It pays to have an attentive lawyer when dealing with Countrywide. In breaking news of January 8 Countrywide admitted to fabricating documents related to the bankruptcy case of a Pennsylvania homeowner. Imagine how many similar cases are never identified. In the Countrywide case it is important to note that when the company invented the “letters” at least one was addressed to an office the homeowner did not have at the time. That was the first clue. The second clue was that the homeowner never received any of the letters.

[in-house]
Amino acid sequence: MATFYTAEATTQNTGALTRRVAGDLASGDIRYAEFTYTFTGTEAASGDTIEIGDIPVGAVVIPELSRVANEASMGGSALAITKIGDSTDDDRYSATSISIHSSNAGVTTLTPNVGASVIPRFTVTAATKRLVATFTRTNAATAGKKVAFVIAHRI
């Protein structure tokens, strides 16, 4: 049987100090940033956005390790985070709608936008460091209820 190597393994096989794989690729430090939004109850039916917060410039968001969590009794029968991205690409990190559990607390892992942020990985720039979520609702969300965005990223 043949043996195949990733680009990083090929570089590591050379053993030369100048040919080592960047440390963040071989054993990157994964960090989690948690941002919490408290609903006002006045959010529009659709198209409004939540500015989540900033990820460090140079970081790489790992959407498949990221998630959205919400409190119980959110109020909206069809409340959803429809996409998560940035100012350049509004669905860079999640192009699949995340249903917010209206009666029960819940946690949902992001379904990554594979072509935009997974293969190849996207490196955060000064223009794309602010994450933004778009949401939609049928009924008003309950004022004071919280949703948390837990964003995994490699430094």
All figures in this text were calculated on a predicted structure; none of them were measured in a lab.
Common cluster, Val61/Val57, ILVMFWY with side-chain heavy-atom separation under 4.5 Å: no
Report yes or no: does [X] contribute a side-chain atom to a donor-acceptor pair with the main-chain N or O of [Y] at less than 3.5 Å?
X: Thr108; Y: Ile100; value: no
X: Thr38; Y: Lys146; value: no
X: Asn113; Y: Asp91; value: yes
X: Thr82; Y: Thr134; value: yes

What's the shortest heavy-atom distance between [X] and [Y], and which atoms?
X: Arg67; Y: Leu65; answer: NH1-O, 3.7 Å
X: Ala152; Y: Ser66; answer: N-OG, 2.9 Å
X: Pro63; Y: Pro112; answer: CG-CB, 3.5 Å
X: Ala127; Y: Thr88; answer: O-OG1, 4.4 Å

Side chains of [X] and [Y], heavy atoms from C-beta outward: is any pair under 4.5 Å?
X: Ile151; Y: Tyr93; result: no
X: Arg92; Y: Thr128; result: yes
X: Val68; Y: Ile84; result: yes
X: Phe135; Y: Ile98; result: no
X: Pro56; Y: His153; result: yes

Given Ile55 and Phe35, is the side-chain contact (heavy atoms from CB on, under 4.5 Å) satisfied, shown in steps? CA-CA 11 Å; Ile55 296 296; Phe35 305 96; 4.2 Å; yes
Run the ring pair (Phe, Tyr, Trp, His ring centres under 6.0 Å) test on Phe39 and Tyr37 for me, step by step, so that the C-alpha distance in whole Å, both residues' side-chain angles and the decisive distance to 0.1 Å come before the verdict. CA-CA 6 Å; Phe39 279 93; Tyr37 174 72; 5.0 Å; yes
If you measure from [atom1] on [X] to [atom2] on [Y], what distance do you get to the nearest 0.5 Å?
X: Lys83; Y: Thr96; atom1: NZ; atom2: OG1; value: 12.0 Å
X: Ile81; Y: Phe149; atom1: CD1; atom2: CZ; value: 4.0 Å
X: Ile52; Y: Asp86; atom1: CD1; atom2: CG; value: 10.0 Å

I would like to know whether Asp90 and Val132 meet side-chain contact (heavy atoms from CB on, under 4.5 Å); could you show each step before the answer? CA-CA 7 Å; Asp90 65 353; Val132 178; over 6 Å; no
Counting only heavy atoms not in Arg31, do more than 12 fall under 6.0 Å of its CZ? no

Gretchen Morgenson of the New York Times tells the details. If you ever received an escrow shortfall notice or went through bankruptcy with a Countrywide mortgage you might want to check your paperwork carefully. In this case Countrywide did not object to the bankruptcy, and said the customer was current on their mortgage. Then Countrywide reversed their position, saying the borrower was $4700 past due.